Campbellsville University to Offer Discussion on Political Parties and Elections Oct. 8

By Joan C. McKinney, director of university communications

CAMPBELLSVILLE, Ky. – A panel of political leaders in the Commonwealth of Kentucky will lead a discussion on “Political Parties and Elections 2007-2008” at 5 p.m. Tuesday, Oct. 9 in the Little Auditorium of the Student Union Building.

Everyone is invited to the event which is free.

Invited guests include: Al Cross, director of the Institute for Rural Journalism and Community Issues in the School of Journalism and Telecommunications at the University of Kentucky; Lowell Reese, founder of The Kentucky Roll Call Inc., a Frankfort-based governmental affairs publishing company and “The Kentucky Gazette”; and Ron Ellis, politicalwriter for the CHNI News Service in Frankfort, Ky.

John Chowning, vice president for church and external relations and executive assistant to the president, who founded KHIPP, said the session will be “very informational,” and he hopes everyone will take advantage of the event to learn more about the upcoming elections.

Cross became director of the Institute for Rural Journalism and Community Issues in August 2004 after more than 26 years as a reporter at The Courier-Journal, the last 15½ as the Louisville newspaper’s chief political writer.

His coverage ranged from presidential to local elections and included all facets of state government. He is also a political columnist for The Courier-Journal and will become host of “Comment on Kentucky” upon the retirement of Al Smith.

Cross is an assistant professor in the School of Journalism and Telecommunications at the University of Kentucky, where the institute is based. His awards include a share of the Pulitzer Prize won by The Courier-Journal staff in 1989 for coverage of the nation’s deadliest bus crash. He was co-recipient of an honorable mention for environmental reporting in the Southern Journalism Awards for a 1987 series on strip mining.

He has received many awards for reporting and column writing. He is the longest-running panelist on KET’s weekly “Comment on Kentucky,” has appeared on C-SPANand “Washington Week In Review,” and has been quoted in “The Almanac of American Politics.”

Cross is a graduate of Clinton County High School and Western Kentucky University, where he was chief reporter, editor and advertising manager of the award-winning College Heights Herald. Cross was born in Knoxville, Tenn., and grew up in Albany, Ky. Cross is married to Patti Hodges Cross. Reese grew up in rural Kentucky in the 1940s and 1950s.

He earned a history degree at Berea College and second lieutenant bars at Fort Benning. He served as an infantry officer in Vietnam. After military service, he worked as an executive in the Chamber of Commerce for 17 years, as well as the Chamber of Commerce in South Carolina and Arizona Chamber of Commerce. He is the founder of Kentucky Roll Call Inc., a Frankfort-based governmental affairs publishing company.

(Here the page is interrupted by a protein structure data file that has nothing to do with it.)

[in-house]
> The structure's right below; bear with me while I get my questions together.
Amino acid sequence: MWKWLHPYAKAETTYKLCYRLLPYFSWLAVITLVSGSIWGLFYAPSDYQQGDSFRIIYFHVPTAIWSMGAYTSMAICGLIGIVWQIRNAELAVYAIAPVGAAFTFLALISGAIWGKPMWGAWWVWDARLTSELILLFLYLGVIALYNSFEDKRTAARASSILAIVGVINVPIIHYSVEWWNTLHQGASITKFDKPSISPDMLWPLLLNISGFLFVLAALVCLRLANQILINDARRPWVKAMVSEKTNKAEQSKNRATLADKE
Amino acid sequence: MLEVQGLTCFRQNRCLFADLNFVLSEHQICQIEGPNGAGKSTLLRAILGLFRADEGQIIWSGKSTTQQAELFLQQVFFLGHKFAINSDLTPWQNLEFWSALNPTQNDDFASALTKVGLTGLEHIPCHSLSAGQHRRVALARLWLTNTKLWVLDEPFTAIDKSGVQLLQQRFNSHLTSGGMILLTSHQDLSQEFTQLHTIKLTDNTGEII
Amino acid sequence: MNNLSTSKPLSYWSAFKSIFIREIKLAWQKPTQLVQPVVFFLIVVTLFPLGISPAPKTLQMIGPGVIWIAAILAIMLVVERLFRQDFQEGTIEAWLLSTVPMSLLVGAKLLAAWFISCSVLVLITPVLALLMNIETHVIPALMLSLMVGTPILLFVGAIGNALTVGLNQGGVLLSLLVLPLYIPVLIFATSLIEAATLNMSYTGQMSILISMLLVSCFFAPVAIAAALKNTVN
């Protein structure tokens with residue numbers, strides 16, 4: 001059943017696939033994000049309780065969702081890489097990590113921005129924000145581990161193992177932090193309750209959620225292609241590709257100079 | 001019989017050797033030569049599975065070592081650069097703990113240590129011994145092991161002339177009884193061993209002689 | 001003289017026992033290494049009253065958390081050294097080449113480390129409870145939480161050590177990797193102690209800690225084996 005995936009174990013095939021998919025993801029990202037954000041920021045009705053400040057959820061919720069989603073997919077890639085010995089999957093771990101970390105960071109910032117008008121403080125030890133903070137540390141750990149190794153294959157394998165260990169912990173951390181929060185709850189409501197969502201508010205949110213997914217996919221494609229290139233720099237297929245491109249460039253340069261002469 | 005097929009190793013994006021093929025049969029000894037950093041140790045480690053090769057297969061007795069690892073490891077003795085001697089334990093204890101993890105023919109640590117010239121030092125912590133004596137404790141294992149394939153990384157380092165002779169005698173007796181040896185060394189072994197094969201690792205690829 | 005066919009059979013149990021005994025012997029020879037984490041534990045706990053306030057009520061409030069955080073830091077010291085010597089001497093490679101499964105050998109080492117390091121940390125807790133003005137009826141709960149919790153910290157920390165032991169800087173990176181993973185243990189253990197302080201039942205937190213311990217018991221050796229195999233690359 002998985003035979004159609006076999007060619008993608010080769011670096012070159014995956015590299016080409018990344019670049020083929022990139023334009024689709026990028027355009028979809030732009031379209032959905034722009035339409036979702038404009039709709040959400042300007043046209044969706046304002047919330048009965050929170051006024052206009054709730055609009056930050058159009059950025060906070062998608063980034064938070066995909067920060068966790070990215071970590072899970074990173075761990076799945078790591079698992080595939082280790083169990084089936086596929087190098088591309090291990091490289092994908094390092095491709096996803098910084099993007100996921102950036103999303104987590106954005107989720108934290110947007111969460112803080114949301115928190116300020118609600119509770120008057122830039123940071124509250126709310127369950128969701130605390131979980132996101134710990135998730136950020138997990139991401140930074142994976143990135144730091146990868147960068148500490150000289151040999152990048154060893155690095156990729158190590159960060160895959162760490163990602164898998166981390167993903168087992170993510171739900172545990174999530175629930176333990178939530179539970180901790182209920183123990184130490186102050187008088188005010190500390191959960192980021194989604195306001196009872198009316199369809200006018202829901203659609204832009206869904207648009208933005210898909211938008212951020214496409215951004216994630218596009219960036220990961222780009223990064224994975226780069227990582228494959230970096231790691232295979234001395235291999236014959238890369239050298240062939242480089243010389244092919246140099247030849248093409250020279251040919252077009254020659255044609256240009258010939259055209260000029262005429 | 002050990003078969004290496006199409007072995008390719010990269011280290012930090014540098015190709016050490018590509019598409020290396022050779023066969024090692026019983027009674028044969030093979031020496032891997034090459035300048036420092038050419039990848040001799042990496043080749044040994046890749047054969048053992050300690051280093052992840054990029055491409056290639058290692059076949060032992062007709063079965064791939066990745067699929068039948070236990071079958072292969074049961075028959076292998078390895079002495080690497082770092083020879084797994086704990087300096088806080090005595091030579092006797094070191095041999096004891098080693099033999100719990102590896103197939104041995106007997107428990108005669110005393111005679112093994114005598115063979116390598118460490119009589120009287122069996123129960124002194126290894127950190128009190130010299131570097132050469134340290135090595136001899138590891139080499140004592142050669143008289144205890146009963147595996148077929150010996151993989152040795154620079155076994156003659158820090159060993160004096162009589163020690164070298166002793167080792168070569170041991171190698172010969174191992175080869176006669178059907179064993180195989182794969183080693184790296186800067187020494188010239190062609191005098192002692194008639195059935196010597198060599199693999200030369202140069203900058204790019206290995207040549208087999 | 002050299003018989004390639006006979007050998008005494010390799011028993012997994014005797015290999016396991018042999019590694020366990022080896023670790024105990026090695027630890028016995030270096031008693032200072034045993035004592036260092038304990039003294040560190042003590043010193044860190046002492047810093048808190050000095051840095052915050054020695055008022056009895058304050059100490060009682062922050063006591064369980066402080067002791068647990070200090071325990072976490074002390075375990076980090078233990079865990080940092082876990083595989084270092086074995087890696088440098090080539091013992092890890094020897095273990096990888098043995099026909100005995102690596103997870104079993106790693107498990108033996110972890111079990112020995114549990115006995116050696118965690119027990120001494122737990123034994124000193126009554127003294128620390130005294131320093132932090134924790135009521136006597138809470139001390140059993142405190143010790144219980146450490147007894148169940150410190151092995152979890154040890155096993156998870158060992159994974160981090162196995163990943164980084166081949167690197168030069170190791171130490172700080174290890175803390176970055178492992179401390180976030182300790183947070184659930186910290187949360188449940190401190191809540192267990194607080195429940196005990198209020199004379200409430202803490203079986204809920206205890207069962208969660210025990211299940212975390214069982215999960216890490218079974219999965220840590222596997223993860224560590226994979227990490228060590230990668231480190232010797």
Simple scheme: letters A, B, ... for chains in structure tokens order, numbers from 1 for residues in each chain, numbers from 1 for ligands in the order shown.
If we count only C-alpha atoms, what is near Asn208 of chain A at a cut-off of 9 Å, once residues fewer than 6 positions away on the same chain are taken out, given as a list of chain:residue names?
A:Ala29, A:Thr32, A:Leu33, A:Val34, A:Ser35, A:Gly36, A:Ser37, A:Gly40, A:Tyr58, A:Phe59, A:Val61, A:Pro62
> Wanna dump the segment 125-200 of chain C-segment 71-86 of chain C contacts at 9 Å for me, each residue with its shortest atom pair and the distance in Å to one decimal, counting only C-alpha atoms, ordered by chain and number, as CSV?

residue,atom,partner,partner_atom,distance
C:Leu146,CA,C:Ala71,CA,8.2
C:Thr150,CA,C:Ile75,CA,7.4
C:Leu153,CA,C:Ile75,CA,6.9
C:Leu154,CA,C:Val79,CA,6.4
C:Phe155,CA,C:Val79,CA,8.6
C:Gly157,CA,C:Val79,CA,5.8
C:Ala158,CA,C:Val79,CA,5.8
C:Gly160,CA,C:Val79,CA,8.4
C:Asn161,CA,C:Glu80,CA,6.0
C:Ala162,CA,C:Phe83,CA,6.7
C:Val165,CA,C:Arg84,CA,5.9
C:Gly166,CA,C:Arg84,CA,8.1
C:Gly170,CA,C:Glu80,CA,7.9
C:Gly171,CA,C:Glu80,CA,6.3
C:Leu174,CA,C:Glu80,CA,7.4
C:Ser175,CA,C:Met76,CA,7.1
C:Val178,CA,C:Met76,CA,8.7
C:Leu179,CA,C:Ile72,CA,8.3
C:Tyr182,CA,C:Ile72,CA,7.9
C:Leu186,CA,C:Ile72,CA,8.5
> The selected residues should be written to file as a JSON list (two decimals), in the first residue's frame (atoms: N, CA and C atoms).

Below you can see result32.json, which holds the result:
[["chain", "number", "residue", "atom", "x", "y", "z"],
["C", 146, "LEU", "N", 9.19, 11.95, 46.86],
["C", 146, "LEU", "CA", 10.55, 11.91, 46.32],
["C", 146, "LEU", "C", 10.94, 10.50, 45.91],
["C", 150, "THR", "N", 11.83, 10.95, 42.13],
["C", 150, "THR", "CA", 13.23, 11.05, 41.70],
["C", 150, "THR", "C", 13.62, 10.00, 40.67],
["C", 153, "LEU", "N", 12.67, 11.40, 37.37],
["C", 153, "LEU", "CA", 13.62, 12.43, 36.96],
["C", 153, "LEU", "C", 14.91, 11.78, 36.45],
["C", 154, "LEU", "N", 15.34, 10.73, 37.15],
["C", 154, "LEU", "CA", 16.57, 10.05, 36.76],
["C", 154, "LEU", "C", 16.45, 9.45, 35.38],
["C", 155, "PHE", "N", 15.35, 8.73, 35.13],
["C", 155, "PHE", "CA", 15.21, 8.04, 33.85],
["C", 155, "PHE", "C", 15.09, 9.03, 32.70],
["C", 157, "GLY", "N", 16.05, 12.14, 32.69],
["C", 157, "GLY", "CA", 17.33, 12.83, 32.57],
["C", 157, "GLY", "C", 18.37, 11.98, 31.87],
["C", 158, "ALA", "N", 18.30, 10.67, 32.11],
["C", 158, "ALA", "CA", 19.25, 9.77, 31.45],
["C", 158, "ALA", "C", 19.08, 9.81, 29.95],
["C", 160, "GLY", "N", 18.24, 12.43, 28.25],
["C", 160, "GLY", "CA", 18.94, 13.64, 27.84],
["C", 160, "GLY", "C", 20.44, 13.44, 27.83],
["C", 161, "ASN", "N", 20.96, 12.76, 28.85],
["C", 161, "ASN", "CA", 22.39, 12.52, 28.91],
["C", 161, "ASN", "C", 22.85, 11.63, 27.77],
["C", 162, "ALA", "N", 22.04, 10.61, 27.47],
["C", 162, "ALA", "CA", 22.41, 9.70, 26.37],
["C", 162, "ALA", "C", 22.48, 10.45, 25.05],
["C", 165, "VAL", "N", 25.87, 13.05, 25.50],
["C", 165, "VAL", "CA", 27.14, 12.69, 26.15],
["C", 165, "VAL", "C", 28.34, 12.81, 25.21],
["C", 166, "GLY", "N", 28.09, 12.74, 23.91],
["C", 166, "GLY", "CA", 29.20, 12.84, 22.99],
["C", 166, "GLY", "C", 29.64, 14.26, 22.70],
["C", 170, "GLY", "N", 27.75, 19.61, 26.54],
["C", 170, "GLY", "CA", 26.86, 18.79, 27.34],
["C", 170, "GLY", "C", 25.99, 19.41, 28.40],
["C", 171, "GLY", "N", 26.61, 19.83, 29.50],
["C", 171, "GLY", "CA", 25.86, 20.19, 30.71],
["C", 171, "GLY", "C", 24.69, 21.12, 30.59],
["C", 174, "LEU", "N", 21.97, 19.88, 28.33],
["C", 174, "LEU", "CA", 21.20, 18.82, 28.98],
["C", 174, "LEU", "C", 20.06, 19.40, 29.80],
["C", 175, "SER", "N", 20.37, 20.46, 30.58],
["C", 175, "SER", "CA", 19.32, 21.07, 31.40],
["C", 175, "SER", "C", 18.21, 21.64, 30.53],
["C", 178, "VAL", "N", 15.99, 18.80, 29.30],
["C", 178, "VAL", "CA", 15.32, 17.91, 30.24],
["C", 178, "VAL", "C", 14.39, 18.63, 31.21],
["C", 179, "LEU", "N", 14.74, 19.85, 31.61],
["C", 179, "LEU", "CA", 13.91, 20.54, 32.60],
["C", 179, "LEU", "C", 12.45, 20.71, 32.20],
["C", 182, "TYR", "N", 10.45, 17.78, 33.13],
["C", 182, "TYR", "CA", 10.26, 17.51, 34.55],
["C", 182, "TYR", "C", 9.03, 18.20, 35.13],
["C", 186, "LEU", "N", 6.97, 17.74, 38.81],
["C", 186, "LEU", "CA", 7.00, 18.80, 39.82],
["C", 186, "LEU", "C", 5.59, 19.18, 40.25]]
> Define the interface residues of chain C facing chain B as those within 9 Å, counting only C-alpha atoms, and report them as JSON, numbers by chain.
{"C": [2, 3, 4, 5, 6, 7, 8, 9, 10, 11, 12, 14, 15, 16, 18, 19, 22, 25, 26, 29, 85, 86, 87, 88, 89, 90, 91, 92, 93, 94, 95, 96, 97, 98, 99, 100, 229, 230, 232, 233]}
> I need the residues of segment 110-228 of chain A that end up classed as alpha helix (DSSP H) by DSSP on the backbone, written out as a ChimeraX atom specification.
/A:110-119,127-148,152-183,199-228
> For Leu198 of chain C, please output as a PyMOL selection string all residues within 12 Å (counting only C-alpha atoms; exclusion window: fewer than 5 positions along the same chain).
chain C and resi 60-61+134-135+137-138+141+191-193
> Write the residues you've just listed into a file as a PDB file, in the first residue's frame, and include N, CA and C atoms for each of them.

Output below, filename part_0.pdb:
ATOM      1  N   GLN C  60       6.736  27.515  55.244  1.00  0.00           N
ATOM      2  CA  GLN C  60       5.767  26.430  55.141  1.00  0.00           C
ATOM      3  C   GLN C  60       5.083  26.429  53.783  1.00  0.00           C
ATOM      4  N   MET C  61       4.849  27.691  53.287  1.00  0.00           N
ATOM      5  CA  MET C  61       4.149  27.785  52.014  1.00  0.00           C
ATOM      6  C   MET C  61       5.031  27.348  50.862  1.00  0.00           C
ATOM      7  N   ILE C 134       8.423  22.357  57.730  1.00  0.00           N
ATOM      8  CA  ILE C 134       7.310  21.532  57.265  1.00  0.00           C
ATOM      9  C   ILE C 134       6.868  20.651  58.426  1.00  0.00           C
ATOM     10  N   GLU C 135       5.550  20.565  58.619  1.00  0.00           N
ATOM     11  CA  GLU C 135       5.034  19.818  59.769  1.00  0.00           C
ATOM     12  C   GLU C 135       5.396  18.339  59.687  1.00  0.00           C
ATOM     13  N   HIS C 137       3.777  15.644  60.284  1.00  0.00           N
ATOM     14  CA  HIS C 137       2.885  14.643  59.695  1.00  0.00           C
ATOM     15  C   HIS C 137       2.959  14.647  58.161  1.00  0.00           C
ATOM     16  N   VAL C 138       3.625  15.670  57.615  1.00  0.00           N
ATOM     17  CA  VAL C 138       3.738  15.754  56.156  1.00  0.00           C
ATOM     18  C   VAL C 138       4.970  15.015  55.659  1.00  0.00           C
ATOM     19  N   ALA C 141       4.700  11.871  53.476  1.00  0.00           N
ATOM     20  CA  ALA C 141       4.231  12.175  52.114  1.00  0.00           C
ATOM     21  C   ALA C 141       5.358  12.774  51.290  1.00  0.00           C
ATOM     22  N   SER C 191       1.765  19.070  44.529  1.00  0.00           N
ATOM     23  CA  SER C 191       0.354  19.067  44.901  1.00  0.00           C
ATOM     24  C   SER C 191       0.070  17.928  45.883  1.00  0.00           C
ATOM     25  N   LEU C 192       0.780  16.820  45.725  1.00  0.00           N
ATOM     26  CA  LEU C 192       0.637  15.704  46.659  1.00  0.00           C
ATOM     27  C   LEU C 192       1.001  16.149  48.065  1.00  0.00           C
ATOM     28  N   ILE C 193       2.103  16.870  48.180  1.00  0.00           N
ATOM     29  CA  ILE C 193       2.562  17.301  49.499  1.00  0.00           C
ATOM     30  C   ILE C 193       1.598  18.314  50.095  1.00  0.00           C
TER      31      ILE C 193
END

Among his various publications include “Who’s What in Kentucky Government,” “Second Circle,” and “Mr. Butler’s Classic Quotations.” He lives with his wife, Carol, in Frankfort. Ellis is a political writer for the CHNI News Service in Frankfort, Ky. He has covered state government, the General Assembly, politicies for Kentucky papers and produced a weekly column. He was born in Glasgow and is a 1975 graduate from Western Kentucky University with a bachelor of arts in English and journalism.

Ellis has worked for more than 20 years as photographer, reporter and columnist with a couple of stints outside news business working for United Way. He has worked for Glasgow Daily Times as well as Henderson Gleaner. Among his accomplishments include various awards for photography, reporting, editorial writing and columnist.

For three years he has covered politics, both local and state, from campaign coverage to topics of the General Assembly. He has two children, a daughter, Scottie, and a son, Jack. Chowning said, “Campbellsville University has established the institute that primarily focuses focus its attention on facilitating public policy study and issues debate, while encouraging the involvement of Christian leaders in the public and civic arenas. “A wide range of public issues will be studied and presented by the institute for the purposes of engaging Campbellsville University students, faculty and staff, and the general public, in a greater awareness and understanding of the myriad issues confronting our culture,” he said.

Chowning said KHIPP is “committed to preparing Christian civic and political leaders for the 21st century.” Anyone requesting more information about KHIPP, can contact Chowning at (270) 789-5520.

Campbellsville University is a private, comprehensive institution located in South Central Kentucky. Founded in 1906, Campbellsville University is affiliated with the Kentucky Baptist Convention and has an enrollment of 2,310 students who represent 100 Kentucky counties, 32 states and 28 foreign nations. Listed in U.S. News & World Report’s “America’s Best Colleges” 15 consecutive years, CU was listed 22nd in the “Best Baccalaureate Colleges” this fall. Campbellsville University is located 82 miles southwest of Lexington, Ky., and 80 miles southeast of Louisville, Ky. Dr. Michael V. Carter is in his ninth year as president.

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